Publication number Priority date Publication date Assignee Title
US141333A (en) * 1873-07-29 Improvement in the manufacture of chlorine
US2191981A (en) * 1938-04-29 1940-02-27 Alan N Mann Catalyst and method of preparing the same
US2240668A (en) * 1938-08-18 1941-05-06 Henry A Wallace Process for the production of chlorine
US2309919A (en) * 1938-08-18 1943-02-02 Henry A Wallace Process for the production of chlorine
US2395314A (en) * 1942-02-12 1946-02-19 Phillips Petroleum Co Process for the production of chlorine
US2892686A (en) * 1956-10-26 1959-06-30 Shell Dev Conversion of hydrogen iodide to iodine
US2892687A (en) * 1957-01-17 1959-06-30 Shell Dev Conversion of hydrogen iodide to iodine

Patent Citations (7)

* Cited by examiner, † Cited by third party
Publication number Priority date Publication date Assignee Title
US141333A (en) * 1873-07-29 Improvement in the manufacture of chlorine
US2191981A (en) * 1938-04-29 1940-02-27 Alan N Mann Catalyst and method of preparing the same
US2240668A (en) * 1938-08-18 1941-05-06 Henry A Wallace Process for the production of chlorine
US2309919A (en) * 1938-08-18 1943-02-02 Henry A Wallace Process for the production of chlorine
US2395314A (en) * 1942-02-12 1946-02-19 Phillips Petroleum Co Process for the production of chlorine
US2892686A (en) * 1956-10-26 1959-06-30 Shell Dev Conversion of hydrogen iodide to iodine
US2892687A (en) * 1957-01-17 1959-06-30 Shell Dev Conversion of hydrogen iodide to iodine

Cited By (10)

* Cited by examiner, † Cited by third party
Publication number Priority date Publication date Assignee Title
US3346340A (en) * 1966-08-11 1967-10-10 Universal Oil Prod Co Production of bromine by oxidation of hydrogen bromide
US3437445A (en) * 1967-04-19 1969-04-08 Gulf Research Development Co Process for oxidizing hydrogen bromide to obtain bromine
US3867469A (en) * 1971-04-02 1975-02-18 Ici Ltd Oxychlorination process
WO2009010182A1 (en) * 2007-07-13 2009-01-22 Bayer Technology Services Gmbh Catalyst and process for preparing chlorine by gas phase oxidation of hydrogen chloride
WO2009010167A1 (en) * 2007-07-13 2009-01-22 Bayer Technology Services Gmbh Thermally stable catalyst for hydrogen chloride gas phase oxidation
US20100202959A1 (en) * 2007-07-13 2010-08-12 Bayer Technology Services Gmbh Catalyst and process for preparing chlorine by gas phase oxidation of hydrogen chloride
RU2469790C2 (en) * 2007-07-13 2012-12-20 Байер Текнолоджи Сервисиз Гмбх Catalyst and method of manufacturing chlorine by oxidation of hydrogen chloride in gaseous phase
RU2486006C2 (en) * 2007-07-13 2013-06-27 Байер Интеллектуэль Проперти Гмбх Temperature-resistant catalyst for gas-phase oxidation of hydrogen chloride
US20110182801A1 (en) * 2008-10-09 2011-07-28 Bayer Technology Services Gmbh Multi-stage method for the production of chlorine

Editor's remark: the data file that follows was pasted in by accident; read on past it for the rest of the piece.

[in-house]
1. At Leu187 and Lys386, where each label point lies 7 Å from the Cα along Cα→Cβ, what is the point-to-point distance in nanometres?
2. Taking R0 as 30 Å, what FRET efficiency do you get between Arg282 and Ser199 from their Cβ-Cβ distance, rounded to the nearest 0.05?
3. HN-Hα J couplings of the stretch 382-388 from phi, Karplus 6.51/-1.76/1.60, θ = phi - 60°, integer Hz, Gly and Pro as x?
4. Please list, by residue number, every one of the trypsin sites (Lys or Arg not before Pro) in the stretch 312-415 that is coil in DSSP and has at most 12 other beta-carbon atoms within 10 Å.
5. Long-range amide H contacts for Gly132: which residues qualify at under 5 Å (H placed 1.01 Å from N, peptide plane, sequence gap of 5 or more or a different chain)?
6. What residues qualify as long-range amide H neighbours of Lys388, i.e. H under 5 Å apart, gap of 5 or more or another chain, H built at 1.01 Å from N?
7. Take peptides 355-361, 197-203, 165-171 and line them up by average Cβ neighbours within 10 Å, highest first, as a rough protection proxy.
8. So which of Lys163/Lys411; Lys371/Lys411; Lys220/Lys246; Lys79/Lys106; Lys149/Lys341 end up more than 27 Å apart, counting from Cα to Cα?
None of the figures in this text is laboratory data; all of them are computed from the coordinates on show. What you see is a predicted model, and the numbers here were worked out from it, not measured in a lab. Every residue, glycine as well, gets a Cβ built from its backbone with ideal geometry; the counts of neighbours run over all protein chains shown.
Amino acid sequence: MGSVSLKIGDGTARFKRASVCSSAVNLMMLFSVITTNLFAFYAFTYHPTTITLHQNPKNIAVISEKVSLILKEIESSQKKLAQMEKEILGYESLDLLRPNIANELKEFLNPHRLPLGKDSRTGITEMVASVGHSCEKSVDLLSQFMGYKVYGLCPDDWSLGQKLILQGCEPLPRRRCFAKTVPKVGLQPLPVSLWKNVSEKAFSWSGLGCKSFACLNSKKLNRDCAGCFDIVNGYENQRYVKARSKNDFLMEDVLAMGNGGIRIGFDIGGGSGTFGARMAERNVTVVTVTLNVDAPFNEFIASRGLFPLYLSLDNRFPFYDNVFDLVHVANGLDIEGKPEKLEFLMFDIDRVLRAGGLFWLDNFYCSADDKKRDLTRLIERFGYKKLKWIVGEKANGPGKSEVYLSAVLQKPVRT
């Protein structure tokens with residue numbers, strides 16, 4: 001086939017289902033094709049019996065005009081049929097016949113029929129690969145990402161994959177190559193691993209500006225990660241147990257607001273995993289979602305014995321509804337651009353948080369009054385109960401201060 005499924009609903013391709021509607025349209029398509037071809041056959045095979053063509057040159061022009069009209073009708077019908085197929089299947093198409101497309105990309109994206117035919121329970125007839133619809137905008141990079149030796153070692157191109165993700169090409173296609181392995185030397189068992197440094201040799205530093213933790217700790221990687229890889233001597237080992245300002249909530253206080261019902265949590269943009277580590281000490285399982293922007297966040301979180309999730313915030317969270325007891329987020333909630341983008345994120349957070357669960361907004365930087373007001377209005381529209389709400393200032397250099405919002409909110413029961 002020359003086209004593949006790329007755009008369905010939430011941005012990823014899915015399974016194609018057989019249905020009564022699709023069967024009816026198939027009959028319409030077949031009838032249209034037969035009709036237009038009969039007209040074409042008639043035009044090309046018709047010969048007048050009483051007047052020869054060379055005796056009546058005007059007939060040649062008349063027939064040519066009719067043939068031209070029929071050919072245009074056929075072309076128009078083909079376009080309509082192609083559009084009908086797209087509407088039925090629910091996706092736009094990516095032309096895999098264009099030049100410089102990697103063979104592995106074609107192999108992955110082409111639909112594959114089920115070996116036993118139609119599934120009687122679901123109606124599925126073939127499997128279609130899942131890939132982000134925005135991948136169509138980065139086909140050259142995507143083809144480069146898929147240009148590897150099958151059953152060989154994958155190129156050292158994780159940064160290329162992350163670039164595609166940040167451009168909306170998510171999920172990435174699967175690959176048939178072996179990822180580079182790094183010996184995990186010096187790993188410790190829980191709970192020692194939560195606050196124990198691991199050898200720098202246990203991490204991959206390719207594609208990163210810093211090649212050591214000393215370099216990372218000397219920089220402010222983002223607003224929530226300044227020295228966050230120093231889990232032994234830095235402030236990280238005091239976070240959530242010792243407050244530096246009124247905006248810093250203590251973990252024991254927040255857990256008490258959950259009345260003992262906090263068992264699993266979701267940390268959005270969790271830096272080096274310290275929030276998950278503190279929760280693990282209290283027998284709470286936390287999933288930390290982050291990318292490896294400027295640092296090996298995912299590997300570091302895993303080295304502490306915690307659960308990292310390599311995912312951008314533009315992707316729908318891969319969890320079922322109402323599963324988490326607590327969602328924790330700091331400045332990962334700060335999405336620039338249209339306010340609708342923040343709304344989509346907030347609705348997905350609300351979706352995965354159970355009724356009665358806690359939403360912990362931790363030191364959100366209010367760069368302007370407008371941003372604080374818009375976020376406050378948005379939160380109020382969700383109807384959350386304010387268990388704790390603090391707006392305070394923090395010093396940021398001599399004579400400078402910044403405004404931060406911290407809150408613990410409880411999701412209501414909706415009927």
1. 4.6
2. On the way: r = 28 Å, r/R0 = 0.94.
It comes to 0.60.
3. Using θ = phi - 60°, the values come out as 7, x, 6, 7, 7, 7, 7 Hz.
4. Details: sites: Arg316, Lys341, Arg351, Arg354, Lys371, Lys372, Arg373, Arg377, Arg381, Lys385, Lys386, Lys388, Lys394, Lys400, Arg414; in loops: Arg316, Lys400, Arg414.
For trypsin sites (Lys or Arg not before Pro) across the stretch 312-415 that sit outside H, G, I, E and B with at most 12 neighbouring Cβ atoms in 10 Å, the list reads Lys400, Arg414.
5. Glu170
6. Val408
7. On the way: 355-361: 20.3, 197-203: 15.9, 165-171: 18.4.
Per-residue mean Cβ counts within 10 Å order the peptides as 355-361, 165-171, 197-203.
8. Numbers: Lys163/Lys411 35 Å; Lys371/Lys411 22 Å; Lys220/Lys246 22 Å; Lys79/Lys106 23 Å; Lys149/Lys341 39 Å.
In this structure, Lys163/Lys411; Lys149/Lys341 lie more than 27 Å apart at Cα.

WO2010133313A1 (en) * 2009-05-16 2010-11-25 Bayer Materialscience Ag Process for preparing chlorine by gas phase oxidation of hydrogen chloride in the presence of a cerium oxide catalyst

Also Published As

Publication number Publication date
SE304252B (en) 1968-09-23
DE1133346B (en) 1962-07-19
GB946830A (en) 1964-01-15

Similar Documents

Publication Publication Date Title
Fukuda et al. Catalytic decomposition of hydrogen sulfide
US20150152028A1 (en) Method for prolonging a catalyst's life during hydrofluorination
CA2332837C (en) Methods for converting lower alkanes and alkenes to alcohols and diols
EP1235769B1 (en) Oxyhalogenation process using catalyst having porous rare earth halide support
AU2002307548B2 (en) Oxidative halogenation and optional dehydrogenation of C3+ hydrocarbons
US6821924B2 (en) Oxyhalogenation process using catalyst having porous rare earth halide support
US1900751A (en) Purification of gases
US4774070A (en) Production process of chlorine
US4433981A (en) CO2 Removal from gaseous streams
JP2999229B2 (en) Method for producing 1,1,1,2-tetrafluoroethane
US3420901A (en) Process for the oxychlorination of organic compounds
US3258500A (en) Process for fluorinating halohydro-carbons
US3618295A (en) Process for the separation of cyanogen chloride and hydrogen chloride
EP1112997B1 (en) Process for producing diaryl carbonate
US3674429A (en) Adsorption process for water and nitrogen oxides
US2744148A (en) Process for fluorination of haloalkanes using a hydrogen fluoride activated catalyst containing alumina, a metal fluoride and basic aluminum fluoride
JP5817373B2 (en) Process for producing trans-1,3,3,3-tetrafluoropropene
US2399488A (en) Halogenation of unsaturated organic compounds
US3816599A (en) Hydrogen chloride recovery
CA2084864C (en) Chromium and nickel oxide-based mass catalysts and their application to halogenated hydrocarbon fluoration
CA1268484A (en) Method for the synthesis of iodobenzene
JP4764338B2 (en) Molybdenum recovery method and catalyst production method
KR101605212B1 (en) Method for regenerating a ruthenium- or ruthenium compound-containing catalyst which is contaminated with sulfur in the form of sulfur compounds
EP0854848B1 (en) Process for the production of difluoromethane
US3968200A (en) Reactor effluent quench system